In addition to the structures of activated forms of TLR8, TLR8–antagonist complex structures were reported in 2018 (Zhang, Hu et al., 2018 ▸). This study reported CU-CPT compounds as the first human TLR8-specific antagonists, along with structural information in order to understand the TLR8 inhibitory mechanism and accelerate the development of TLR8-targeted medicines with inhibitory effects.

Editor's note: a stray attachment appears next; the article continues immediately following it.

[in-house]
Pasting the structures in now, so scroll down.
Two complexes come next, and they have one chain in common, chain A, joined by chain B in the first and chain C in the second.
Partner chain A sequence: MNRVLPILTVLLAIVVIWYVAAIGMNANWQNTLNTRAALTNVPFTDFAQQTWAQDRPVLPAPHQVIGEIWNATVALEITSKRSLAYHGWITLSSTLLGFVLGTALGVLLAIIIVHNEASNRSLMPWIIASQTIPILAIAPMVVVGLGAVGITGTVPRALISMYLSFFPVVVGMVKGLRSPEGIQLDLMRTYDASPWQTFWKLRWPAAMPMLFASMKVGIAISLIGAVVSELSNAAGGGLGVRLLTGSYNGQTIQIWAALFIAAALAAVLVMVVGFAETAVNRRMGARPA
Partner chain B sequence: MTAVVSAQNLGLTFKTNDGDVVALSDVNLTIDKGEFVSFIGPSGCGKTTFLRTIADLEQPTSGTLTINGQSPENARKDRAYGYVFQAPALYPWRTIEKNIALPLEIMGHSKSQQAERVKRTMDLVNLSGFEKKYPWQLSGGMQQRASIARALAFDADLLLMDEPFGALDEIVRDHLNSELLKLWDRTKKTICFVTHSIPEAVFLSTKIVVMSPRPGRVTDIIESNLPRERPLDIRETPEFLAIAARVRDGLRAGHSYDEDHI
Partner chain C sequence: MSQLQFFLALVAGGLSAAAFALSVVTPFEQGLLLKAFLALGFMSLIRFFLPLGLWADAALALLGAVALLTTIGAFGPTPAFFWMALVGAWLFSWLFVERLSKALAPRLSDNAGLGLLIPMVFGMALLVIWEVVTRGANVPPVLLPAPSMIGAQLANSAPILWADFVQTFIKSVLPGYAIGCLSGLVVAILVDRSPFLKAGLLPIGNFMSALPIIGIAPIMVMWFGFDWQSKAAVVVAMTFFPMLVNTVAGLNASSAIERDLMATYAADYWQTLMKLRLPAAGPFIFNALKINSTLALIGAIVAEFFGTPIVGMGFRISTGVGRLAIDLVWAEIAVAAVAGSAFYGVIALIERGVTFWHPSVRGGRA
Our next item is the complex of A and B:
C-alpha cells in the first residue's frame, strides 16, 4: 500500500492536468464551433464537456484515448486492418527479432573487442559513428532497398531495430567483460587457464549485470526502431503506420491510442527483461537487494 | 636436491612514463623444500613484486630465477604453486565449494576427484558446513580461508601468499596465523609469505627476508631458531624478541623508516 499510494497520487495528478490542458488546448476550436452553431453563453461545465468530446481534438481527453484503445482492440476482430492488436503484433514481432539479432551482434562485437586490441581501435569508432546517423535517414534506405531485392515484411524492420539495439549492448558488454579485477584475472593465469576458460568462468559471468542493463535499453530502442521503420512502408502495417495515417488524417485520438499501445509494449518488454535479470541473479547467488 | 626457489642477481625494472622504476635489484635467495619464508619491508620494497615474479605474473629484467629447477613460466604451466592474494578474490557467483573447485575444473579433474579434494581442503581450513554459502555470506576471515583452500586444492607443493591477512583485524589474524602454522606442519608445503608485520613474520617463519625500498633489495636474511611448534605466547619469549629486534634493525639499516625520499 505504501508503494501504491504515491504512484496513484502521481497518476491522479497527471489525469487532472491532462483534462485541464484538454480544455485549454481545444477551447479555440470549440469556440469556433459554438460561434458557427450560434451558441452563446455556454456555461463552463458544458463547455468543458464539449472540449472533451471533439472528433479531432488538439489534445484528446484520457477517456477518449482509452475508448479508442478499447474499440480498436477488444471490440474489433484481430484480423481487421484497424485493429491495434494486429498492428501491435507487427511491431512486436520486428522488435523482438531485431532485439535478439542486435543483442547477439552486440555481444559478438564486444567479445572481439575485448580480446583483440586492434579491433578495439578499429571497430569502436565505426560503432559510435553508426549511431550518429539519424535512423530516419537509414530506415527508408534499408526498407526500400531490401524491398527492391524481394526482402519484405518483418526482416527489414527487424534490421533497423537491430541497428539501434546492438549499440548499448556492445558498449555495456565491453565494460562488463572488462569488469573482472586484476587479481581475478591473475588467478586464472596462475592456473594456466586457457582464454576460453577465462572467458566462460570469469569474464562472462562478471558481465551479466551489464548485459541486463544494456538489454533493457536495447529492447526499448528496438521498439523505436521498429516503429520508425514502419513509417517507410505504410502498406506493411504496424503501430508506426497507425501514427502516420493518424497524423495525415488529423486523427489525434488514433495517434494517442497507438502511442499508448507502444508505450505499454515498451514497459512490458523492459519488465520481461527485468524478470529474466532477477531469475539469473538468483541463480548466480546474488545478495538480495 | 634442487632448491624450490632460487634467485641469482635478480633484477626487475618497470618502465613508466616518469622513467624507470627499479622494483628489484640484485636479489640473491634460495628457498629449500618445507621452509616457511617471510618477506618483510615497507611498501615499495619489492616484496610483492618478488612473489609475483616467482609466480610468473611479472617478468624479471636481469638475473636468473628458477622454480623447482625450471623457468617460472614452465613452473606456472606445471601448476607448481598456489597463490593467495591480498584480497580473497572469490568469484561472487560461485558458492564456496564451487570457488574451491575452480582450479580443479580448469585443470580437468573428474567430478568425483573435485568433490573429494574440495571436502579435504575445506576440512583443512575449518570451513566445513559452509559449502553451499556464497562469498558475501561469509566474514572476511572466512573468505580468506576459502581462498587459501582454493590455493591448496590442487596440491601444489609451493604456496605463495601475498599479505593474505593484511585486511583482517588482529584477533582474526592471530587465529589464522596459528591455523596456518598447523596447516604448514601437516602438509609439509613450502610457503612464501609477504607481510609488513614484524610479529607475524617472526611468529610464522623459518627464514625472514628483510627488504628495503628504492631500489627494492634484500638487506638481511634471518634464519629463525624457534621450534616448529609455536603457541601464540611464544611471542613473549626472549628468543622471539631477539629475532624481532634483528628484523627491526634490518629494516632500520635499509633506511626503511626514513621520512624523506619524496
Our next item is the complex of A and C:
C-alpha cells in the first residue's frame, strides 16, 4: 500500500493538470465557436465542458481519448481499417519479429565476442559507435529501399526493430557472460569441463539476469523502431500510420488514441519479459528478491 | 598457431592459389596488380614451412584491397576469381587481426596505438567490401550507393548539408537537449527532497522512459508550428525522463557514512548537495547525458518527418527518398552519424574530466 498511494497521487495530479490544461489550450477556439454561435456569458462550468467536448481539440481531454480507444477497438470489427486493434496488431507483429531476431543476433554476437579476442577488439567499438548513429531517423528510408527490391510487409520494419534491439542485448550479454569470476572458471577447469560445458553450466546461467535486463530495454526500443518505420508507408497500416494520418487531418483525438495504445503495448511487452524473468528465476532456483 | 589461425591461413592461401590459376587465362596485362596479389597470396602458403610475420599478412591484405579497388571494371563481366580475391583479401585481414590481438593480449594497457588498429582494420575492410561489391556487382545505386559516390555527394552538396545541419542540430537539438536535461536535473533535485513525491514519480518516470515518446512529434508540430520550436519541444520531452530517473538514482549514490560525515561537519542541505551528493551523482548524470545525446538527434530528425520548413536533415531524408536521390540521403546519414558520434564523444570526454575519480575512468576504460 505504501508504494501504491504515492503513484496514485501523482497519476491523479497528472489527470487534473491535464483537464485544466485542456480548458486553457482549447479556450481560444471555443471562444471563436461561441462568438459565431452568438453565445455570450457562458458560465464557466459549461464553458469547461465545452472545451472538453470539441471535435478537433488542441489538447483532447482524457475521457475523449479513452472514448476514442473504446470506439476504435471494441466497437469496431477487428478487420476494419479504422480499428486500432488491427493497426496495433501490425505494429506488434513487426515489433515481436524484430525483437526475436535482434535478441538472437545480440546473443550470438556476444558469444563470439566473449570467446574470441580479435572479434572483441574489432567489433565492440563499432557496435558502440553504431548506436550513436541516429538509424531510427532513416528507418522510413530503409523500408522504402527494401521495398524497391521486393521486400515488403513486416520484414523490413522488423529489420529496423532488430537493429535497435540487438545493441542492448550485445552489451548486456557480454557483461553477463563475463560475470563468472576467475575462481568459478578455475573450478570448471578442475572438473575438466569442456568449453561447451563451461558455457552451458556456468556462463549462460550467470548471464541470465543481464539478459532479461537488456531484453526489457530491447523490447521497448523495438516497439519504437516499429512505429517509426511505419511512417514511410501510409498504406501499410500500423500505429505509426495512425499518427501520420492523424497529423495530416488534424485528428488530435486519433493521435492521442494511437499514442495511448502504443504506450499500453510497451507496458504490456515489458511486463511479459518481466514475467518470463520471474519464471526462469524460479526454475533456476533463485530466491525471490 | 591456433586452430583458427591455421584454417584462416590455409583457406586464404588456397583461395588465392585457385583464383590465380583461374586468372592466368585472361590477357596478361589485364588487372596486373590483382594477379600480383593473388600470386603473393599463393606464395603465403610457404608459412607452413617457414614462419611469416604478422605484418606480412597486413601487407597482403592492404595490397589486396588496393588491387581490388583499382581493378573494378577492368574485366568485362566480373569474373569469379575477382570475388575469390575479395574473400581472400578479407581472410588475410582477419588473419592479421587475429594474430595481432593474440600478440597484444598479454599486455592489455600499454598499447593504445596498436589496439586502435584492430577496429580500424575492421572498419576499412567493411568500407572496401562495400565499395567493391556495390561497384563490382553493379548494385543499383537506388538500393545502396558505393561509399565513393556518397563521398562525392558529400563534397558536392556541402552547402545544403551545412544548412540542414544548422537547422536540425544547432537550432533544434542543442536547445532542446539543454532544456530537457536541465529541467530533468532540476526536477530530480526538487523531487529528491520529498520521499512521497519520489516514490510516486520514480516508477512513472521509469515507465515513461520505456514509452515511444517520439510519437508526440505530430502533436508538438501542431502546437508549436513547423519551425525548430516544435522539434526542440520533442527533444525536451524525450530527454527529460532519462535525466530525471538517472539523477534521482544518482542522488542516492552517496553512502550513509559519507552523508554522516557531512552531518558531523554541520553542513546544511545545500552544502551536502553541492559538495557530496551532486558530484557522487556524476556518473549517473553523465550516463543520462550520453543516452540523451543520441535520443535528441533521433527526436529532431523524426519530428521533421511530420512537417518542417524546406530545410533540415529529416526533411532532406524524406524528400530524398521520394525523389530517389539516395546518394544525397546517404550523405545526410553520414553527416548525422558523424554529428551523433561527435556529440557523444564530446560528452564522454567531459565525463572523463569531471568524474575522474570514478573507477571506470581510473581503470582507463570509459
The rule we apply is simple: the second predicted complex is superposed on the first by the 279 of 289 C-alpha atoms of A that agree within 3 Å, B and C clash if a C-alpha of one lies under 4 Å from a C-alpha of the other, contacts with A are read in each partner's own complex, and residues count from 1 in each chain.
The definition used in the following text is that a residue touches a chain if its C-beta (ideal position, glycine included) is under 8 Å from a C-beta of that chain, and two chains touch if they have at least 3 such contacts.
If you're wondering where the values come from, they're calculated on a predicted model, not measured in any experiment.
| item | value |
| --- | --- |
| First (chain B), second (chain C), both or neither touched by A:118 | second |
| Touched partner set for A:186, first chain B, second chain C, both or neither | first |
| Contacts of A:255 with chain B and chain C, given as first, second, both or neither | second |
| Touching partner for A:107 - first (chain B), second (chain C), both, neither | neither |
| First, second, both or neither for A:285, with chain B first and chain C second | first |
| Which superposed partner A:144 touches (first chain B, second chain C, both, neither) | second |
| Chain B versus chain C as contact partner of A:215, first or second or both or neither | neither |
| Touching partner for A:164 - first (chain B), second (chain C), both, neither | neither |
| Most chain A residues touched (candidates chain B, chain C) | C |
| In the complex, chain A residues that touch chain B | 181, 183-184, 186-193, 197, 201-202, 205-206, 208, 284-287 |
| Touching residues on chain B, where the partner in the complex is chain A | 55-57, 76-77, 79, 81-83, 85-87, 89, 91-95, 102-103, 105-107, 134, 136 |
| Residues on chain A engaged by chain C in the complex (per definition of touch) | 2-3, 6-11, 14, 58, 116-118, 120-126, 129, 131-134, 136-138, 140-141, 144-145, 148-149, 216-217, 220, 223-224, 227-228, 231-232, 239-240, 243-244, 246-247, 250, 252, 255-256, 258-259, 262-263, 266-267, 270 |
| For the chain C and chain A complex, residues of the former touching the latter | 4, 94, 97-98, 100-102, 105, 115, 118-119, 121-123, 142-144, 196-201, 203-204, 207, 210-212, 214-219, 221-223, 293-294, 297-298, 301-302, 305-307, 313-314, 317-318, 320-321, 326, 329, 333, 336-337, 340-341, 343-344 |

The antagonist-bound site is spatially close to the agonist-bound site, but the binding mechanism differs considerably. A comparison of these structures enabled us to understand the regulatory mechanism of TLR8. As shown in Figs. 2 ▸(d), 2 ▸(e) and 2(f), LRR8, LRR11–13 and LRR15*–18* play key roles in ligand recognition. In the unliganded state, TLR8 forms an inactivated dimer structure in which LRR11–13 encounter LRR15*–16* and LRR8 confronts LRR17*–18*, creating an unoccupied pocket at the interface of the two protomers (Fig. 2 ▸e). The antagonists bind to the pocket in this arrangement (Figs. 2 ▸e, 2 ▸f, 2 ▸h and 2 ▸i), mainly interacting with LRR11–13 and LRR15*, even though LRR8 and LRR17*–18* are partially involved in ligand recognition. In contrast, the agonists primarily interact with LRR11–13 and LRR17*–18* (Figs. 2 ▸d and 2 ▸g). One protomer, TLR8*, is pulled up in the direction from the C-terminus to the N-terminus of the counterpart protomer by the agonist, repositioning LRR17*–18* in front of LRR11–13, which allows rotation of the overall structure and makes the C-terminal regions closer.